A Look at the Gender Pay Gap

The gender pay gap is the difference between the average hourly earnings between men and women across the workforce.

The gender pay gap has been declining in some industries slowly over time; over the last decade it has fallen by approximately a quarter among both full-time employees and all employees.

In 2021, the gap among full-time employees was 7.9%, an increase from 7.0% in 2020. However, this is still below the gap of 9.0% before the coronavirus (COVID-19) pandemic in 2019, and so the downward trend is continuing.

The Gender Pay Gap During the Covid-19 Pandemic

During the Covid-19 pandemic, many employees found themselves furloughed under the Coronavirus Job Retention Scheme. In April 2020, approximately 8.8 million employees were furloughed, and in April 2021, this had reduced to 3.7 million.

In 2020, a slightly higher proportion of men found themselves furloughed with reduced pay. In contrast, 2021 saw a higher proportion of women furloughed due to the closure of schools and women’s role in proportionately undertaking the childcare provision for children. This could potentially explain why the pay gap was slightly larger in 2021 than 2020.

The gender pay gap is different from equal pay which states that you are entitled to the same wage as someone doing work of equal value to you. The gender pay gap considers all job roles and compares the average income of men and women in the workplace. A company might have a gender pay gap, despite paying men and females the same amount for similar roles, if most senior roles are filled by men, equally traditionally more women work on a part time basis due to their caring responsibilities, which also has an effect on those furloughed.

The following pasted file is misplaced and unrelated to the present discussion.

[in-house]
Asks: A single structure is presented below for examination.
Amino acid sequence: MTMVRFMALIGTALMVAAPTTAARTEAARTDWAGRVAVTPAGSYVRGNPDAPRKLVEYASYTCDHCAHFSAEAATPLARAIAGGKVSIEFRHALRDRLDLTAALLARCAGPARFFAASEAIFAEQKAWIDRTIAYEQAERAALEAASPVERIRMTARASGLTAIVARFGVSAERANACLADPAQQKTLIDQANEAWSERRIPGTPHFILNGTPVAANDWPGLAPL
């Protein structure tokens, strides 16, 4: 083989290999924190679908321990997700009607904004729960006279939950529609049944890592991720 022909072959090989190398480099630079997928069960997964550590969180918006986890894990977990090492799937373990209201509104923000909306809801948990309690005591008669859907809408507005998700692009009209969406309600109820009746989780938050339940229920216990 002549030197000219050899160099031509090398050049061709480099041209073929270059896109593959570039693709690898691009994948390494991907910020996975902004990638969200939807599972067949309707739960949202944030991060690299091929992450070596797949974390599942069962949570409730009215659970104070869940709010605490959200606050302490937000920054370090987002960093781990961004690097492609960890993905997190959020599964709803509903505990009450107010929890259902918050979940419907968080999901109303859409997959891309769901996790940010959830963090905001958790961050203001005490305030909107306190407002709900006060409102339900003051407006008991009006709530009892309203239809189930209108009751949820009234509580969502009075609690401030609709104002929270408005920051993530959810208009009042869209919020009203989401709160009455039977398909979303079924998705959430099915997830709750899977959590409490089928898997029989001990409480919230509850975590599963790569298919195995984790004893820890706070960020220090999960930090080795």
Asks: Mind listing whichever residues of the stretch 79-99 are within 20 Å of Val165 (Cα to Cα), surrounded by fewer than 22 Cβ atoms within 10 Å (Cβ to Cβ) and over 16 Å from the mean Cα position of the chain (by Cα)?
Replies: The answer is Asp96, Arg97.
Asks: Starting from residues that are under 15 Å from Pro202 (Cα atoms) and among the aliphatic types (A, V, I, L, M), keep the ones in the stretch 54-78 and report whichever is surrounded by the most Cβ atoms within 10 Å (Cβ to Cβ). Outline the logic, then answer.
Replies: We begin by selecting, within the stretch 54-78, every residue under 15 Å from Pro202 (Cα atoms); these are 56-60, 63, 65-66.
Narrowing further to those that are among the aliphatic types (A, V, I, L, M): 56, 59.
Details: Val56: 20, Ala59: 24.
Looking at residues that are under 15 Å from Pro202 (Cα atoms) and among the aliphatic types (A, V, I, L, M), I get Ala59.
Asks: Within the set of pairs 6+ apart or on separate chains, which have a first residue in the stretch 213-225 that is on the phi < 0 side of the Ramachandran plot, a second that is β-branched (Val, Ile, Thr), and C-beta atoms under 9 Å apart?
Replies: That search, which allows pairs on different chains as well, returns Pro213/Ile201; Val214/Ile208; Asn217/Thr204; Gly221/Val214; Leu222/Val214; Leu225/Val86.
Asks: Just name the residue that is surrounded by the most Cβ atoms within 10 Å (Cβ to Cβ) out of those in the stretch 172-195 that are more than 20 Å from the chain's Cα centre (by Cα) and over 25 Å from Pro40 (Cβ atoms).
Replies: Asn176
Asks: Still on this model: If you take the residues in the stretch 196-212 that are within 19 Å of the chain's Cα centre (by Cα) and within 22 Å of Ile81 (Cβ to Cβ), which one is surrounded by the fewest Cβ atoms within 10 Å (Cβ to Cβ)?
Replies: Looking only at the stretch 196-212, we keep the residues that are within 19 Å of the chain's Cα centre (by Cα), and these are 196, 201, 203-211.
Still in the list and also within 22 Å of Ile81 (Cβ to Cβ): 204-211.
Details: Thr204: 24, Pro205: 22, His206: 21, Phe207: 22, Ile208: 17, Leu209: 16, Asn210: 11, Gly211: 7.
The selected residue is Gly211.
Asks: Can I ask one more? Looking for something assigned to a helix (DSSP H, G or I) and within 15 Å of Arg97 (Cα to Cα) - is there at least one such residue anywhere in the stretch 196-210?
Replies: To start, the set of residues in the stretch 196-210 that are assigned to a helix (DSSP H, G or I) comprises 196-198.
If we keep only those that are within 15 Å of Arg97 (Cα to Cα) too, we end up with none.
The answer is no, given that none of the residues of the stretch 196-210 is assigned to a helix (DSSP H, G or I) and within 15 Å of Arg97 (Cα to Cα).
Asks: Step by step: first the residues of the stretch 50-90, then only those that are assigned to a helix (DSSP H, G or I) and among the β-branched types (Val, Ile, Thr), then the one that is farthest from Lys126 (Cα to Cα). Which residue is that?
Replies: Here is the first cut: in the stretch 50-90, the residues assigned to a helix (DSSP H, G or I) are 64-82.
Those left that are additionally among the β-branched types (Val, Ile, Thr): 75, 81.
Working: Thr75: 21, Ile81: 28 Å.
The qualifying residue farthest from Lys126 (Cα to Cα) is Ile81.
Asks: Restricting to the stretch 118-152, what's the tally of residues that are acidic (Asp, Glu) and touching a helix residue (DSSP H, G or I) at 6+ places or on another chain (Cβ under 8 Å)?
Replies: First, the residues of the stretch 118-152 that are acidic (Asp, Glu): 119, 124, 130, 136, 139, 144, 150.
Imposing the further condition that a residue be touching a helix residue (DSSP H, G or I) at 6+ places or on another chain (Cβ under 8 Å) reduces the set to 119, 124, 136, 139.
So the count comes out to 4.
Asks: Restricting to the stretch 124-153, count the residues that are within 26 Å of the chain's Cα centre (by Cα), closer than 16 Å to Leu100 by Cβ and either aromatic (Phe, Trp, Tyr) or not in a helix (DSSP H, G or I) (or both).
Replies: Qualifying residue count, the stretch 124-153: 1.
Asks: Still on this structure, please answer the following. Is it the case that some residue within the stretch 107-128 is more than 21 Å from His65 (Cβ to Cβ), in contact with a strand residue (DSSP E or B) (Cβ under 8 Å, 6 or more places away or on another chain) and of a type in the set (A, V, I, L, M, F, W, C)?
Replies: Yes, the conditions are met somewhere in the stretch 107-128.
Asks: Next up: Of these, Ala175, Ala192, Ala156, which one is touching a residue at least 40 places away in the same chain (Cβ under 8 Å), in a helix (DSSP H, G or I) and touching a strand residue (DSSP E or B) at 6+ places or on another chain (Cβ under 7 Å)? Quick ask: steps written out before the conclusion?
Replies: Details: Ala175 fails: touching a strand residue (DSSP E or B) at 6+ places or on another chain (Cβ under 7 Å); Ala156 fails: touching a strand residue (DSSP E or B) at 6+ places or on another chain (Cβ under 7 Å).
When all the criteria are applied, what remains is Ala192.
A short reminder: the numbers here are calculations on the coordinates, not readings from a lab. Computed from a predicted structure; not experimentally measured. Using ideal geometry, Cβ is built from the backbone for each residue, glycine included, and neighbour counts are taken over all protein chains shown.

Many social and political factors may contribute to a gender pay gap. These are:

  • Promotions – there is a lack of promotions for women who are in senior roles as men fill the majority.
  • Care – women are more likely to work part-time due to caring responsibilities for children and this often means a lower income.
  • Lower-paid roles – research shows that women are more likely to accept a lower-paid role.

What Do Employers Have To Do?

The Gender Pay Gap Regulations require employers with 250 employees or more to report and publish information on their website and through the governments’ gender pay gap reporting website. This information includes:

  • The mean and median gender pay gap in hourly pay
  • The mean and median bonus gender pay gap
  • The proportion of males and females in each pay quartile
  • The proportion of males and females receiving a bonus

If there is a gender pay gap, employers are encouraged to comment on this and outline how they plan to reduce it.

If you would like to discuss any points in this article further or are looking for legal advice relating to the Gender Pay Gap, please contact our People Services team at Spire Solicitors LLP on 01603 677077.